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Climate change to impact monsoon in India: Report

Hindustan Times, New Delhi | ByJayashree Nandi
Sep 21, 2019 02:54 AM IST

Called the “The missing economic risks in assessments of climate change impacts report”, the report was released two days ahead of the UN Climate Summit in New York.

Sea-level rise of several metres and major disruption to monsoon rains and river flows in India are among the biggest global economic risks from climate change, a policy report by leading economists and scientists has said.

“Climate change is likely to mean monsoon systems affect larger areas over longer timescales, and rainfall during monsoon season is likely to intensify while becoming less predictable. The largest effect, which is already being observed today, is an increase in the year-to-year variability of the monsoon strength and the associated extremes of rainfall,” said the report.

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Called the “The missing economic risks in assessments of climate change impacts report”, the report was released two days ahead of the UN Climate Summit in New York.

The report underlined that policy makers have been receiving economic assessments that omit the biggest risks from climate change. These include periodic assessments by the Intergovernmental Panel on Climate Change (IPCC).

The Earth Institute in Columbia University, Grantham Research Institute on Climate Change and the Environment and the Potsdam Institute for Climate Impact Research represented by economist Nicholas Stern, climatologist Hans Jaochim Schellnhuber and others who authored the report highlighted that the cascading impacts of from destabilisation of ice sheets; stronger tropical cyclones; extreme and frequent heat waves and floods; collapse of ecosystems are not being reported or analysed accurately.

For example, recent IPCC reports have mismatches between physical and economic impacts of climate change. IPCC’s summary for policy makers for its fifth assessment report published in 2014 muted the impact on economy saying “aggregate global economic losses accelerate with increasing temperature but global economic impacts from climate change are currently difficult to estimate…” Or the summary for policy makers of IPCC’s special report on global warming of 1.5 degrees said risks to global aggregated economic growth due to climate change impacts are projected to be lower at 1.5 degree C than 2 degree C by the end of the century and that impacts mainly refer to gross domestic product but impacts such as loss of lives, ecosystem services and cultural heritage are difficult to value or monetize.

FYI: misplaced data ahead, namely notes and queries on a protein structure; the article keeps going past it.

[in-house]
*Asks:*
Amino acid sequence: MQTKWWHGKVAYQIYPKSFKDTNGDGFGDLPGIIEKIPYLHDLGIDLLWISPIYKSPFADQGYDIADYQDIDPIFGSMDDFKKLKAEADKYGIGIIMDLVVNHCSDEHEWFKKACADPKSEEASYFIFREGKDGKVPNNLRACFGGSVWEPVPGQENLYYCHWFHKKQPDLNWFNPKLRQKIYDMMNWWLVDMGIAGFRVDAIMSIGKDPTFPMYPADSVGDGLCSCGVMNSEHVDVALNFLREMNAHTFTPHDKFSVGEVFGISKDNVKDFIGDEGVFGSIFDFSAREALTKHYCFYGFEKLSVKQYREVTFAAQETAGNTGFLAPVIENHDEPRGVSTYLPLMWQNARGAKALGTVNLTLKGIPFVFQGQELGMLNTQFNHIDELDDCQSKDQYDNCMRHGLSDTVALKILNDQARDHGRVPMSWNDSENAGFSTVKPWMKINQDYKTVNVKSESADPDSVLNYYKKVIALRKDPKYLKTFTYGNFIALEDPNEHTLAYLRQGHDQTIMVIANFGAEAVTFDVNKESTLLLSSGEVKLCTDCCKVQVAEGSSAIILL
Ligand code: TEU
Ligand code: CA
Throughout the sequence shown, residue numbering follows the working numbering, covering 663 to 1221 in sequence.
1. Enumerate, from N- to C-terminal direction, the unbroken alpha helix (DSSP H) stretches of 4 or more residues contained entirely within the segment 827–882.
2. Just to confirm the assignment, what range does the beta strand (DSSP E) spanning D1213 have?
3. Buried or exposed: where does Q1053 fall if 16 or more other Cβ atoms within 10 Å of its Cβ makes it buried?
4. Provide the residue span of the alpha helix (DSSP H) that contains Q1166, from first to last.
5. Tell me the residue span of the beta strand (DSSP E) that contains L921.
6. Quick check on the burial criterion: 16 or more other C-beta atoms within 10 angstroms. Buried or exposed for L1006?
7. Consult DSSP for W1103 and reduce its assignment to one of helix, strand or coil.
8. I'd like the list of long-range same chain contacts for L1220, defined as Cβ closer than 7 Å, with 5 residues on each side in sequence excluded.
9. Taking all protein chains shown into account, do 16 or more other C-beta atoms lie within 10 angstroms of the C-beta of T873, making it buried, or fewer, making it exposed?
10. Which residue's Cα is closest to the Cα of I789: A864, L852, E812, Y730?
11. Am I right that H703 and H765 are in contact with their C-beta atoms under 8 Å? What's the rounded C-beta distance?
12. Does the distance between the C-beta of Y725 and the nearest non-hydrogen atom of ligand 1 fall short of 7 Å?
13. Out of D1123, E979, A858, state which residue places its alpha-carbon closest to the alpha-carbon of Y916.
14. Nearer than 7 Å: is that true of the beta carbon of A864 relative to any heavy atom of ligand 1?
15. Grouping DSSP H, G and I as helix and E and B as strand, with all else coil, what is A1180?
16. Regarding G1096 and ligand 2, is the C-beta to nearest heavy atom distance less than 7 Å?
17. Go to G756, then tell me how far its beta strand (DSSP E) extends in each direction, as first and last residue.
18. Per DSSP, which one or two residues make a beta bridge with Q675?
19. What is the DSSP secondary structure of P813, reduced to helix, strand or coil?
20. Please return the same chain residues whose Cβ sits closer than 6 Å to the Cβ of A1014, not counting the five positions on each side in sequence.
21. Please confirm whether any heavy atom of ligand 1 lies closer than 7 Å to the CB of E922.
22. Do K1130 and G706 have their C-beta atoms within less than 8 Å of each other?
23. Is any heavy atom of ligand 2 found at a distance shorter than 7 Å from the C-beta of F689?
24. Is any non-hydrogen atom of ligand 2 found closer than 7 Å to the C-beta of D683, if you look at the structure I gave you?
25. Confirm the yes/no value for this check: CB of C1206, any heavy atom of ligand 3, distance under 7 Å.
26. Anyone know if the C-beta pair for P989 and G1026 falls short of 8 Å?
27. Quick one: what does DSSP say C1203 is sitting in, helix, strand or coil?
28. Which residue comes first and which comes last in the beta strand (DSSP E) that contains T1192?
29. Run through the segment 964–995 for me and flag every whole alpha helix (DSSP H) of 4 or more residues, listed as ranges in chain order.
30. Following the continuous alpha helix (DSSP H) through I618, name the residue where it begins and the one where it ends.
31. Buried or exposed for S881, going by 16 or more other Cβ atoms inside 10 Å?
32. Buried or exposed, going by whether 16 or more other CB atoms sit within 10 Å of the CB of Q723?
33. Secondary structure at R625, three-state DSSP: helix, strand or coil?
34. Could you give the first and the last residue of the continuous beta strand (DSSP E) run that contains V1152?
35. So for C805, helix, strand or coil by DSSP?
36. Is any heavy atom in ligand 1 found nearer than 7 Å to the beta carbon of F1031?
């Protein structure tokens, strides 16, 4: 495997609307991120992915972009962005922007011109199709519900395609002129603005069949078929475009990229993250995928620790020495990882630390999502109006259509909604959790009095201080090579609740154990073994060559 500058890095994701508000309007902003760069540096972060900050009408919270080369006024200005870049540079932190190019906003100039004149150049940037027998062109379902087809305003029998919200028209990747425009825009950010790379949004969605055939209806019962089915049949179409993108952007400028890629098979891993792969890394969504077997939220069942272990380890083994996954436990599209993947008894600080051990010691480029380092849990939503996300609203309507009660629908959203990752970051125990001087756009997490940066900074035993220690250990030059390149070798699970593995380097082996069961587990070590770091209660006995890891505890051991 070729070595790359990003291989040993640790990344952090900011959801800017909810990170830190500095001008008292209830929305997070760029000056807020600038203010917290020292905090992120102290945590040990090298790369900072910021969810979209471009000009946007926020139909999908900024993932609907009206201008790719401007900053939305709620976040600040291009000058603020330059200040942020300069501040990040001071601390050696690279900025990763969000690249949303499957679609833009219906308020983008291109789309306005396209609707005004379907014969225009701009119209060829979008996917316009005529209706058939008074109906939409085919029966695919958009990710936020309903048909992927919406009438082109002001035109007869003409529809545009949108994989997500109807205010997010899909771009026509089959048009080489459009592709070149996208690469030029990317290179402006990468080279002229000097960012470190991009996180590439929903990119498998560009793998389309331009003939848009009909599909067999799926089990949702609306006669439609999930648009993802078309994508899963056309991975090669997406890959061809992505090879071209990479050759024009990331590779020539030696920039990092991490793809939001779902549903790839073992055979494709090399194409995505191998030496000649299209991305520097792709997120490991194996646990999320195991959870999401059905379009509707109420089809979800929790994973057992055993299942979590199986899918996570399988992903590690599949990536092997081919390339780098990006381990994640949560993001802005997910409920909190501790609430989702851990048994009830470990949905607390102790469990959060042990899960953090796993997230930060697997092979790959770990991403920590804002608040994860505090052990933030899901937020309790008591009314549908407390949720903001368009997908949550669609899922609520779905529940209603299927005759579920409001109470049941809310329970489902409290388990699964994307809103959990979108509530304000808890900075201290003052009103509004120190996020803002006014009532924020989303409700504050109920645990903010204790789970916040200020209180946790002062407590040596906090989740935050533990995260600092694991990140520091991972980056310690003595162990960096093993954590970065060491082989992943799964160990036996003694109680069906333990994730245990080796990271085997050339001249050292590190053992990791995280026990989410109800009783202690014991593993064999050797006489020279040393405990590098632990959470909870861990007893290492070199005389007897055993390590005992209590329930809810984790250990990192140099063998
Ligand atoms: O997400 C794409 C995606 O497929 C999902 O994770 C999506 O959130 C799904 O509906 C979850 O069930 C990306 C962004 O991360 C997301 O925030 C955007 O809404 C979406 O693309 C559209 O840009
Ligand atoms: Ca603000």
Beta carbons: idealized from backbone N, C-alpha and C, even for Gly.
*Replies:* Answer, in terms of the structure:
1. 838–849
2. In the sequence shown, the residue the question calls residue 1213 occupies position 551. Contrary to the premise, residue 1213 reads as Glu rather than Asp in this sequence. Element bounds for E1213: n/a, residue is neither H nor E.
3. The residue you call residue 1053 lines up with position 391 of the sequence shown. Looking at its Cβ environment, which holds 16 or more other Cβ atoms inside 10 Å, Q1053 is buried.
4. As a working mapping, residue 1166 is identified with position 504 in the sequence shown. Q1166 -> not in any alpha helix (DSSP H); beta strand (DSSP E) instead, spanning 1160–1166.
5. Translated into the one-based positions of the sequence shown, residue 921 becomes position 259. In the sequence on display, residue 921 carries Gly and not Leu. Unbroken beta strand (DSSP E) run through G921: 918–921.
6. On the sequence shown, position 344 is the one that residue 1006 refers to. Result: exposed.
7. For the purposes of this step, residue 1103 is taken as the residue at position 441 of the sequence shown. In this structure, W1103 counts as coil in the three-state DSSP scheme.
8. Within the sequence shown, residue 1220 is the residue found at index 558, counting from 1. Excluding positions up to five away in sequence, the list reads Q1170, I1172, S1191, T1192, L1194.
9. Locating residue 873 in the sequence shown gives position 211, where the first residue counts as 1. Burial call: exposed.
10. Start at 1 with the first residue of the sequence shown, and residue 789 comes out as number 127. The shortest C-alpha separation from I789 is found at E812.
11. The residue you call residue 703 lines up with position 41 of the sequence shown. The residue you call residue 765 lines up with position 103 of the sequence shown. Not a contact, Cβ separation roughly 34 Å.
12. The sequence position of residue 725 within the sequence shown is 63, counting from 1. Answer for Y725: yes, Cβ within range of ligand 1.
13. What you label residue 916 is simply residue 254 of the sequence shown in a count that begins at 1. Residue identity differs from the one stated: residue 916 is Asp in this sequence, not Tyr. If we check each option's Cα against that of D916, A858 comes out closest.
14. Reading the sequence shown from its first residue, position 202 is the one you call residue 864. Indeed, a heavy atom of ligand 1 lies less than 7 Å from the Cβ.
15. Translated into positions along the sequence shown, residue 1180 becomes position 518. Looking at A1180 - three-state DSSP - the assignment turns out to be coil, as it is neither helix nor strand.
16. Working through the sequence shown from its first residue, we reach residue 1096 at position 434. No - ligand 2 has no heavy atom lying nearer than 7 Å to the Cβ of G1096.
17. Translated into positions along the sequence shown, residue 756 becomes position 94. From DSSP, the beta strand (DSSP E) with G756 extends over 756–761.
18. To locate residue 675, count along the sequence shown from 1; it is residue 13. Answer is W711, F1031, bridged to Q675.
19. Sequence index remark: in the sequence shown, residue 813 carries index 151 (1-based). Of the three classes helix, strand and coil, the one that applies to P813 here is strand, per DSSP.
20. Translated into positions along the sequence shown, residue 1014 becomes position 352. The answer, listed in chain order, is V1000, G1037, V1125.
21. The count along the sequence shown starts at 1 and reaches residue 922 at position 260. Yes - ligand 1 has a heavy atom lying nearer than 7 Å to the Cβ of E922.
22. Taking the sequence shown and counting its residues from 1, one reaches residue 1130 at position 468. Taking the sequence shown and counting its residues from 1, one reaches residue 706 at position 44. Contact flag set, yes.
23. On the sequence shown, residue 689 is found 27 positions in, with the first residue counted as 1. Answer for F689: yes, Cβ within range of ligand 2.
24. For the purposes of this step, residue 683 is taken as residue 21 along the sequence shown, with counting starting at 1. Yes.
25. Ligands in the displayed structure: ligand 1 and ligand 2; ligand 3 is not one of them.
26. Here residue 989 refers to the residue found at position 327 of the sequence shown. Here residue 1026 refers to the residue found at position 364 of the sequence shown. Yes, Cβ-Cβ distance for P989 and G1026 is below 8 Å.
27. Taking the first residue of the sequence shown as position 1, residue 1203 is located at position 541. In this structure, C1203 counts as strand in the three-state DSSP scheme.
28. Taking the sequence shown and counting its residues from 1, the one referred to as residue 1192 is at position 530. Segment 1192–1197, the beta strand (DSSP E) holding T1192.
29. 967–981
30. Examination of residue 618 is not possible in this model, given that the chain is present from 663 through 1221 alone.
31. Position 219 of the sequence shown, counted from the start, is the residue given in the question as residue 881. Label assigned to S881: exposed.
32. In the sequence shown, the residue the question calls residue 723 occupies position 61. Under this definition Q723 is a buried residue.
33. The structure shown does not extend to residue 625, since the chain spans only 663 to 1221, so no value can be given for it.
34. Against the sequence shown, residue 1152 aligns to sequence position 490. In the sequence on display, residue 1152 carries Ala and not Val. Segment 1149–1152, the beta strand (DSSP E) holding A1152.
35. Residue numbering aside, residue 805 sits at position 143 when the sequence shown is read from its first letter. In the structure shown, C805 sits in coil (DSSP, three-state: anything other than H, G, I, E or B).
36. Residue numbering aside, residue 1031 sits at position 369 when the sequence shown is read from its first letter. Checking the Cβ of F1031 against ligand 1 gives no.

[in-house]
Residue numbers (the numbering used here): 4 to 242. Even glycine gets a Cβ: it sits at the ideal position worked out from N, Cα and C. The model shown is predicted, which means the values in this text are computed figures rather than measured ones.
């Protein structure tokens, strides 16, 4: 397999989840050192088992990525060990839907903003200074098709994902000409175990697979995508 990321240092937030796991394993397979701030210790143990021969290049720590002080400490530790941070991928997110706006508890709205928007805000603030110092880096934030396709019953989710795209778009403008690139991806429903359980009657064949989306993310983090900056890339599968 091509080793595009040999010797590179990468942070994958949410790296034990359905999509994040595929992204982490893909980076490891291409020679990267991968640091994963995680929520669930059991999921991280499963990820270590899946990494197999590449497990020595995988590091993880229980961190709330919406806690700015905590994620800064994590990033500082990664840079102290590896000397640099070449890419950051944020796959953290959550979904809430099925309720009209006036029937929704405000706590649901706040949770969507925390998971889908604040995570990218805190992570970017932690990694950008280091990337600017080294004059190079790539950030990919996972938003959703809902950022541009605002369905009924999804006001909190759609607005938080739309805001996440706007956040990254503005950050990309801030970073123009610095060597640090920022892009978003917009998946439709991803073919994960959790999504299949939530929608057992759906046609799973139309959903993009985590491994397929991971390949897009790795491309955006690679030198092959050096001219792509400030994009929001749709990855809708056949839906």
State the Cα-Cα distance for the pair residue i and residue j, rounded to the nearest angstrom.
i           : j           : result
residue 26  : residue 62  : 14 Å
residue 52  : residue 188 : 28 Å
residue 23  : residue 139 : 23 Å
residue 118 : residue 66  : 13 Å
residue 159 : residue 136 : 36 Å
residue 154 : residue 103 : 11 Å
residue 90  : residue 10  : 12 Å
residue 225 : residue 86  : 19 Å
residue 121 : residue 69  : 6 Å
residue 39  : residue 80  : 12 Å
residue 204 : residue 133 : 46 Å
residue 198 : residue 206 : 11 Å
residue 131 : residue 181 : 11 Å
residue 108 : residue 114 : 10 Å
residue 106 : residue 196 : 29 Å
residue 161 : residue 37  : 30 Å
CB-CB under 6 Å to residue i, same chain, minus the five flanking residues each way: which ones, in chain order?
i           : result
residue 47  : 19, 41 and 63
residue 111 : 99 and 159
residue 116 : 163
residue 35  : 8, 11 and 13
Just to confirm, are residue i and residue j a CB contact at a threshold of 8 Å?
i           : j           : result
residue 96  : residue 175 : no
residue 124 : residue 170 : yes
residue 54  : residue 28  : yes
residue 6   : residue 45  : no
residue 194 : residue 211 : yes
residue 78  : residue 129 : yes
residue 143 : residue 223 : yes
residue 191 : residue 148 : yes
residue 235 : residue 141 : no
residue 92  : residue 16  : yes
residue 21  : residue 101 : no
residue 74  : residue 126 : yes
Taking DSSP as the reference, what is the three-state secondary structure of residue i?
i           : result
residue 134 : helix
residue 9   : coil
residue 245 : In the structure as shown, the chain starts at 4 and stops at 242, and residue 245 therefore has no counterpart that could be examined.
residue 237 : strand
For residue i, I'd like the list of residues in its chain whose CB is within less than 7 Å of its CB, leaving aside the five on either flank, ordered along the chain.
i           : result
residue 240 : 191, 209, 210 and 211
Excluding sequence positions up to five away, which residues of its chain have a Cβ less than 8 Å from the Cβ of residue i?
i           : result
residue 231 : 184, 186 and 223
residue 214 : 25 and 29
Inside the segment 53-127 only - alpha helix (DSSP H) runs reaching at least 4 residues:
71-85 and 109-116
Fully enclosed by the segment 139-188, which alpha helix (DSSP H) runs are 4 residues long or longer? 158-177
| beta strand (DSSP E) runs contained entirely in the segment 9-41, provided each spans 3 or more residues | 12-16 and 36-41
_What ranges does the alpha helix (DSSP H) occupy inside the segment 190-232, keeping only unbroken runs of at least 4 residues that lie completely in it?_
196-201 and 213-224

“The vague statements about the economic risks in the IPCC reports reflect the limitations of published studies that are based on analyses that exclude the largest potential impacts of climate change,” the report said.

Analyzing current climate science and future models, the team concluded that exceeding one threshold may trigger another which could lead to “unstoppable” and “irreversible” impacts. “For instance, the loss of ice from the Greenland ice sheet could trigger a critical threshold in the Atlantic meridional overturning circulation (a system of ocean currents), together causing a rise in sea level and heat accumulation in the Southern Ocean, which would accelerate ice loss from the East Antarctic ice sheet,” the report explained.

These cascading impacts and risks are omitted because they can be difficult to predict precisely and to capture in simulations using current models. Models also often cannot represent compound events such as sea level rise and storm surge impacts on exposed coastal populations, heat waves and droughts, pest and disease outbreaks. Some economic impacts are downplayed by economists if they are forecast not to occur imminently.

The report gives examples of certain climate impacts or crises led by it already being experienced which include the Syrian crisis and exodus, disappearance of Lake Chad in the Sahelian region and related conflict. It adds that over 600 million people live on land which is 10 metres or less above sea level which will be exposed to storm surges. Those in the tropics will face a deadly combination of extreme heat and humidity. For example at a “wet bulb temperature” of 35 degree C or more, sweat no longer evaporates from the skin surface and the body cannot cool down. Parts of South Asia, Eastern China, Arabian Gulf have exceeded a WBT of 31 degrees.

“The IPCC and other scientific literature has already highlighted that global monsoon systems will be impacted, monsoon rain will increase so will monsoon variability,” said Krishna Achuta Rao, climate scientist at IIT Delhi.

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